Franklin County Man Convicted Of Drug Trafficking And Firearms Charges
HARRISBURG – The United States Attorney’s Office for the Middle District of Pennsylvania announced today that Anthony Michael Cobb, age 48, of Waynesboro, Pennsylvania, was convicted on April 25, 2018, of unlawful possession of firearms and drug trafficking after a two-day jury trial held before United States District Court Judge Sylvia H. Rambo.
According to United States Attorney David J. Freed, the jury returned a verdict of guilty after approximately two hours of deliberations and convicted Cobb of three counts of unlawful possession of five separate firearms and of being a previously convicted felon who was not permitted to possess firearms. The jury also found Cobb guilty of possession with intent to distribute cocaine hydrochloride (powder cocaine), cocaine base (crack cocaine), and heroin.
The charges stemmed from a stabbing and shooting incident in Waynesboro. On May 9, 2016, Waynesboro Police Officers went to Cobb’s apartment with a search warrant and found a firearm, marijuana, cocaine, crack, heroin, an assortment of prescription pills, digital scales, ziplock bags, razor blades, and piles of cash. Police also located firearms at Cobb’s storage unit.
The matter was investigated by the Waynesboro Police Department and the Federal Bureau of Investigation. Assistant U.S. Attorneys James T. Clancy and Carlo D. Marchioli prosecuted the case.
This case is part of Project Safe Neighborhoods (PSN), a program bringing together all levels of law enforcement and the communities they serve to reduce violent crime and make our neighborhoods safer for everyone. Attorney General Jeff Sessions reinvigorated PSN in 2017 as part of the Department’s renewed focus on targeting violent criminals, directing all U.S. Attorney’s Offices to work in partnership with federal, state, local, and tribal law enforcement and the local community to develop effective, locally-based strategies to reduce violent crime.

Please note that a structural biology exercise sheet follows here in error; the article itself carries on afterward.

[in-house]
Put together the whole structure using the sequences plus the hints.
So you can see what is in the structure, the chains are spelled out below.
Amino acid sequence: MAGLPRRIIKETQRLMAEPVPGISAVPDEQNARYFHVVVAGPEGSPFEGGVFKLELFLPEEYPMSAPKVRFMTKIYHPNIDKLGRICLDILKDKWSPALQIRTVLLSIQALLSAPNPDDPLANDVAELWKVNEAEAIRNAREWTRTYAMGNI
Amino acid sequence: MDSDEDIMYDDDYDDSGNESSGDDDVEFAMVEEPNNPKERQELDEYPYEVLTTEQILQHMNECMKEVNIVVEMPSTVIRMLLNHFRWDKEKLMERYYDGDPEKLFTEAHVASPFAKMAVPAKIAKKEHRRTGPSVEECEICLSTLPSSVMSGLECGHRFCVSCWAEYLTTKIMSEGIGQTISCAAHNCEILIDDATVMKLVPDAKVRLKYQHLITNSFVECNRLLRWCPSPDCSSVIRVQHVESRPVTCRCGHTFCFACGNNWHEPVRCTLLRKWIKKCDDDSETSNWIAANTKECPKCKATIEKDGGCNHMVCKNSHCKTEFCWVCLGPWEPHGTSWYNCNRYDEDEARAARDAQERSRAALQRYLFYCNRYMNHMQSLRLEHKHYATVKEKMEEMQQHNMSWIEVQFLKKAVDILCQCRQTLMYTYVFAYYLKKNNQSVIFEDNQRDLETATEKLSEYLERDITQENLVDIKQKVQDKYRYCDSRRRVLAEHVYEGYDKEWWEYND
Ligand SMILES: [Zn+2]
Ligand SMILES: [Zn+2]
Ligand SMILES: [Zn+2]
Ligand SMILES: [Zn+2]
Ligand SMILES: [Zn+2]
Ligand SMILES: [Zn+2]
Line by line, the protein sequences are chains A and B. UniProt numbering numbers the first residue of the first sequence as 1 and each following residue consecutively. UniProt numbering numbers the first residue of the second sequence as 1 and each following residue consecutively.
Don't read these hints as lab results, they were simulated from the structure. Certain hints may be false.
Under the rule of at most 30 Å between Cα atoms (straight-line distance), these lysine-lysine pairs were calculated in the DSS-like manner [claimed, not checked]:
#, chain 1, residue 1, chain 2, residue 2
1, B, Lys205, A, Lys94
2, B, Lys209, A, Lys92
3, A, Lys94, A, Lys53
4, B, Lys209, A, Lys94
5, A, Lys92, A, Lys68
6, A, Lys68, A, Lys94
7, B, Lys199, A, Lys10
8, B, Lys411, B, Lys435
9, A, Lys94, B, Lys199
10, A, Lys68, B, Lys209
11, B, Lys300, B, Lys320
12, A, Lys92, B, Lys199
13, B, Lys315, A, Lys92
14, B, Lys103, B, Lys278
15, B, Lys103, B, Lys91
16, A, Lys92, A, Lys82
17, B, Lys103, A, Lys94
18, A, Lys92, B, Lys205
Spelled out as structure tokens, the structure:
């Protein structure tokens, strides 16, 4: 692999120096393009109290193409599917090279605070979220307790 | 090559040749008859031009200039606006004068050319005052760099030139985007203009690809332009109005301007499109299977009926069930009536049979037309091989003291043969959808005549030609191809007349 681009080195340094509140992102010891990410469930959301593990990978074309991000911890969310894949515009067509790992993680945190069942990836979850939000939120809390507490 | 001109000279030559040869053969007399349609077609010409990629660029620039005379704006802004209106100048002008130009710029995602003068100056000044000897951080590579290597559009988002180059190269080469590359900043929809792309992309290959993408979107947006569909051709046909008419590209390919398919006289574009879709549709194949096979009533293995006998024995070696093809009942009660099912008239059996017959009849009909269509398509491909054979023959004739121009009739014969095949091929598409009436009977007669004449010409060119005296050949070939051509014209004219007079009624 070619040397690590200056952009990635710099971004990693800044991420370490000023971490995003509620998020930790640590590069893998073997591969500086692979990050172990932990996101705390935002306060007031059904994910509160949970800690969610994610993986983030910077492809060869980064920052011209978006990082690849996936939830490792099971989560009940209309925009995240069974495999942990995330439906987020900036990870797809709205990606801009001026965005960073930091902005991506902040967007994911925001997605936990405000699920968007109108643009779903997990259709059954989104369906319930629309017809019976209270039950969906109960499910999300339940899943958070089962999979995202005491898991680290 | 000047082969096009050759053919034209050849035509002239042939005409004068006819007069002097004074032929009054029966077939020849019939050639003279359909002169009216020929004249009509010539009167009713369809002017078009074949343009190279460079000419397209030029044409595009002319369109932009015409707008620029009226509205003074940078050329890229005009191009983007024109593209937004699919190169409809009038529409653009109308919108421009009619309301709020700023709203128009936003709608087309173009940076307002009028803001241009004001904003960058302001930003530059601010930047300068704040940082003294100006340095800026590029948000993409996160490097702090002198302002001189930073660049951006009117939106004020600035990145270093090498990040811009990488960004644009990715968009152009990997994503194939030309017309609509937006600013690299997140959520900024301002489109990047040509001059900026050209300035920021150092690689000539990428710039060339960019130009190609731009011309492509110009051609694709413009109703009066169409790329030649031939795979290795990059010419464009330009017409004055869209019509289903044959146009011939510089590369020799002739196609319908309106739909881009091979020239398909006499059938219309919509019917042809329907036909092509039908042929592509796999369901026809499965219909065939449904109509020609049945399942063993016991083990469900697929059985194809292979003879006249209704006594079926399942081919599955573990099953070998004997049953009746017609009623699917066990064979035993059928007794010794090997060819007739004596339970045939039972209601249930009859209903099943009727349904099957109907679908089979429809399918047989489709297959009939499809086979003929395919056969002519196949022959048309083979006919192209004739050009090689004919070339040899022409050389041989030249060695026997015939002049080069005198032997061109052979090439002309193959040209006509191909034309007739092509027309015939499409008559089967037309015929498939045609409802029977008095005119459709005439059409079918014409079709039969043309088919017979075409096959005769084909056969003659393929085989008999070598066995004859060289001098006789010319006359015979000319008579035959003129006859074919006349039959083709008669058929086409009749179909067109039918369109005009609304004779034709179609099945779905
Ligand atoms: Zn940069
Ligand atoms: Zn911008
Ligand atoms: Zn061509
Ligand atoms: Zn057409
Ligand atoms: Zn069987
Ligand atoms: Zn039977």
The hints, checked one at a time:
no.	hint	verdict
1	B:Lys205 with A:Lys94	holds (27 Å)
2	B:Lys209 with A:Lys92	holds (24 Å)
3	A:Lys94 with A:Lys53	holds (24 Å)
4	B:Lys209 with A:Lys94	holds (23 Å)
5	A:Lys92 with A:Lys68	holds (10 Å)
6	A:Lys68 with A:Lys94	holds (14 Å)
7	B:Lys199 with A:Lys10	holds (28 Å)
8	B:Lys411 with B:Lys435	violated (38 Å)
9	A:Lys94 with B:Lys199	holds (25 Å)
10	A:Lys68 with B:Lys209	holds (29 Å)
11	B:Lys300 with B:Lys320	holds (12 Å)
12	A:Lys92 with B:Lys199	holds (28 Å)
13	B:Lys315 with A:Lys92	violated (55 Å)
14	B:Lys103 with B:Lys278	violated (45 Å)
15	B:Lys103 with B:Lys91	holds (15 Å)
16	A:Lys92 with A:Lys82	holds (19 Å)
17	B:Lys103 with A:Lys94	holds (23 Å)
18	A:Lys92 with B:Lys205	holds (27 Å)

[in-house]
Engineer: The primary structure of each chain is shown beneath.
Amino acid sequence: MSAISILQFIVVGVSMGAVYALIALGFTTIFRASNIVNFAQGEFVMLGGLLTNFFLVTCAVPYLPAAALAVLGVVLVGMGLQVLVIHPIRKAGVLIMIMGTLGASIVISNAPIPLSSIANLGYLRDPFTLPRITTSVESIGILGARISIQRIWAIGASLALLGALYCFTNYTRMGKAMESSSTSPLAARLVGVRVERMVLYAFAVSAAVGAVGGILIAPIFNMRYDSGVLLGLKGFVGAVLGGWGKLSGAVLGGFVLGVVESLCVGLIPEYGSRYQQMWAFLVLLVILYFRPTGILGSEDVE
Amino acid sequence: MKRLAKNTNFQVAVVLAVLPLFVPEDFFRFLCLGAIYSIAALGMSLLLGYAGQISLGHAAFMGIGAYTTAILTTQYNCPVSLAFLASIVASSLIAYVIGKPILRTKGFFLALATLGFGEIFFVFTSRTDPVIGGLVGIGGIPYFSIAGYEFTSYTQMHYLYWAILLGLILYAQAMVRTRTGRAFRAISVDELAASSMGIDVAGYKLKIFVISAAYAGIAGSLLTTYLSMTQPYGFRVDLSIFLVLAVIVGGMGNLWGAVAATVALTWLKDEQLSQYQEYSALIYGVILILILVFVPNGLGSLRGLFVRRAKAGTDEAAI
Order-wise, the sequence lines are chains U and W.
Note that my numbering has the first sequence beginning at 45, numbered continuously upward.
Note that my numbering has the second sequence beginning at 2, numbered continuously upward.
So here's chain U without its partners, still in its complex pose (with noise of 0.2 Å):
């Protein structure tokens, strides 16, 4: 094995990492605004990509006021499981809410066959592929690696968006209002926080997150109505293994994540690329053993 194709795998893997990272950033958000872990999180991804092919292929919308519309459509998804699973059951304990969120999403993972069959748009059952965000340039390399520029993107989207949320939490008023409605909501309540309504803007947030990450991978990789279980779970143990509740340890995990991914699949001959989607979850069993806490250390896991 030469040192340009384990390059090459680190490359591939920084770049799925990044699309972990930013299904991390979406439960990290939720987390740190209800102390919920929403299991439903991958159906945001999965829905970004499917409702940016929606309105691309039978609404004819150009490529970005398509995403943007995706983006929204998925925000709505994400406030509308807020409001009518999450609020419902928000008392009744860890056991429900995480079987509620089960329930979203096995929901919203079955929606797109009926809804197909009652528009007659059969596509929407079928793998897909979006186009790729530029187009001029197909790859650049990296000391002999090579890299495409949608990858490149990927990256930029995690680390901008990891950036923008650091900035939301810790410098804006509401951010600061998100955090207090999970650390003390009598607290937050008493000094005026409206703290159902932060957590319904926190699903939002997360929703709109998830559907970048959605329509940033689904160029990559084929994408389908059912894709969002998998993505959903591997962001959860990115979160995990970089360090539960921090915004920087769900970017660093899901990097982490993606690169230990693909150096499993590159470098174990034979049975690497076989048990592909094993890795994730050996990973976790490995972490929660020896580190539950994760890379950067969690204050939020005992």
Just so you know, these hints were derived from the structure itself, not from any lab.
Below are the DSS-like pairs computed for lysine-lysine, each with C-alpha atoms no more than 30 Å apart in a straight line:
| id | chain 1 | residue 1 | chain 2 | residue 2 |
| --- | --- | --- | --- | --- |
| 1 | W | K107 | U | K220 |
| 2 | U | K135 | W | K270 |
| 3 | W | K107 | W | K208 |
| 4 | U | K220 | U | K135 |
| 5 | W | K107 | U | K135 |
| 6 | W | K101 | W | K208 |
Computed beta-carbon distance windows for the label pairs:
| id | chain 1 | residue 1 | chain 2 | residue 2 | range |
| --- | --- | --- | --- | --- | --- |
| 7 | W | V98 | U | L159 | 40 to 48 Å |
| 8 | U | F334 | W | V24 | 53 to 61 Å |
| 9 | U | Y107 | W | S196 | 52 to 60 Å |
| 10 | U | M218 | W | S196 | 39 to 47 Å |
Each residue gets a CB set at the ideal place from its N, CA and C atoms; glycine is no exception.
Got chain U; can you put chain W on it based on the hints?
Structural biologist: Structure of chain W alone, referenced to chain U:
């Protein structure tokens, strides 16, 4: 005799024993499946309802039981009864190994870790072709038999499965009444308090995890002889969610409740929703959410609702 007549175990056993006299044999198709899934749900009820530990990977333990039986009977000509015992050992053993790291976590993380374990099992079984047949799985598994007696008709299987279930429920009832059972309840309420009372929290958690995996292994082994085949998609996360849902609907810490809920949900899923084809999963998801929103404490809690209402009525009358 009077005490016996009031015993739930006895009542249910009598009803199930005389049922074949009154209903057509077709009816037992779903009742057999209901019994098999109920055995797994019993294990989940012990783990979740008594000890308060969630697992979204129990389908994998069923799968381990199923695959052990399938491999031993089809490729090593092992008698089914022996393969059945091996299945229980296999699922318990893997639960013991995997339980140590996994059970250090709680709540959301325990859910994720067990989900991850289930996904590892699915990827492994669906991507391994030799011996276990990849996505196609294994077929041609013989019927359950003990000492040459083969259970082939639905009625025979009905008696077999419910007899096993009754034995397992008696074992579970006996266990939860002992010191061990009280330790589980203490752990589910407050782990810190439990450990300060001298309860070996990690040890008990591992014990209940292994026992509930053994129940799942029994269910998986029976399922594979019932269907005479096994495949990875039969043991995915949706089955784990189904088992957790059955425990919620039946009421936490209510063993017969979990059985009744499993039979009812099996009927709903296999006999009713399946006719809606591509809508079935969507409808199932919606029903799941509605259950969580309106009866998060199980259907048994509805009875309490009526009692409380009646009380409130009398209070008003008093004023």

The case also is part of a district wide initiative to combat the nationwide epidemic regarding the use and distribution of heroin. Led by the United States Attorney’s Office, the Heroin Initiative targets heroin traffickers operating in the Middle District of Pennsylvania and is part of a coordinated effort among federal, state and local law enforcement agencies to locate, apprehend, and prosecute individuals who commit heroin related offenses.
A sentence following a finding of guilt is imposed by the Judge after consideration of the applicable federal sentencing statutes and the Federal Sentencing Guidelines.
The maximum penalty under federal law for the unlawful possession of firearm charges is life in prison, a term of supervised release following imprisonment, and a fine. The maximum penalty for each of the drug trafficking charges is 30 years in prison, a term of supervised release following imprisonment, and a fine. Under the Federal Sentencing Guidelines, the Judge is also required to consider and weigh a number of factors, including the nature, circumstances and seriousness of the offense; the history and characteristics of the defendant; and the need to punish the defendant, protect the public and provide for the defendant's educational, vocational and medical needs. For these reasons, the statutory maximum penalty for the offense is not an accurate indicator of the potential sentence for a specific defendant. A sentencing date has not yet been set.
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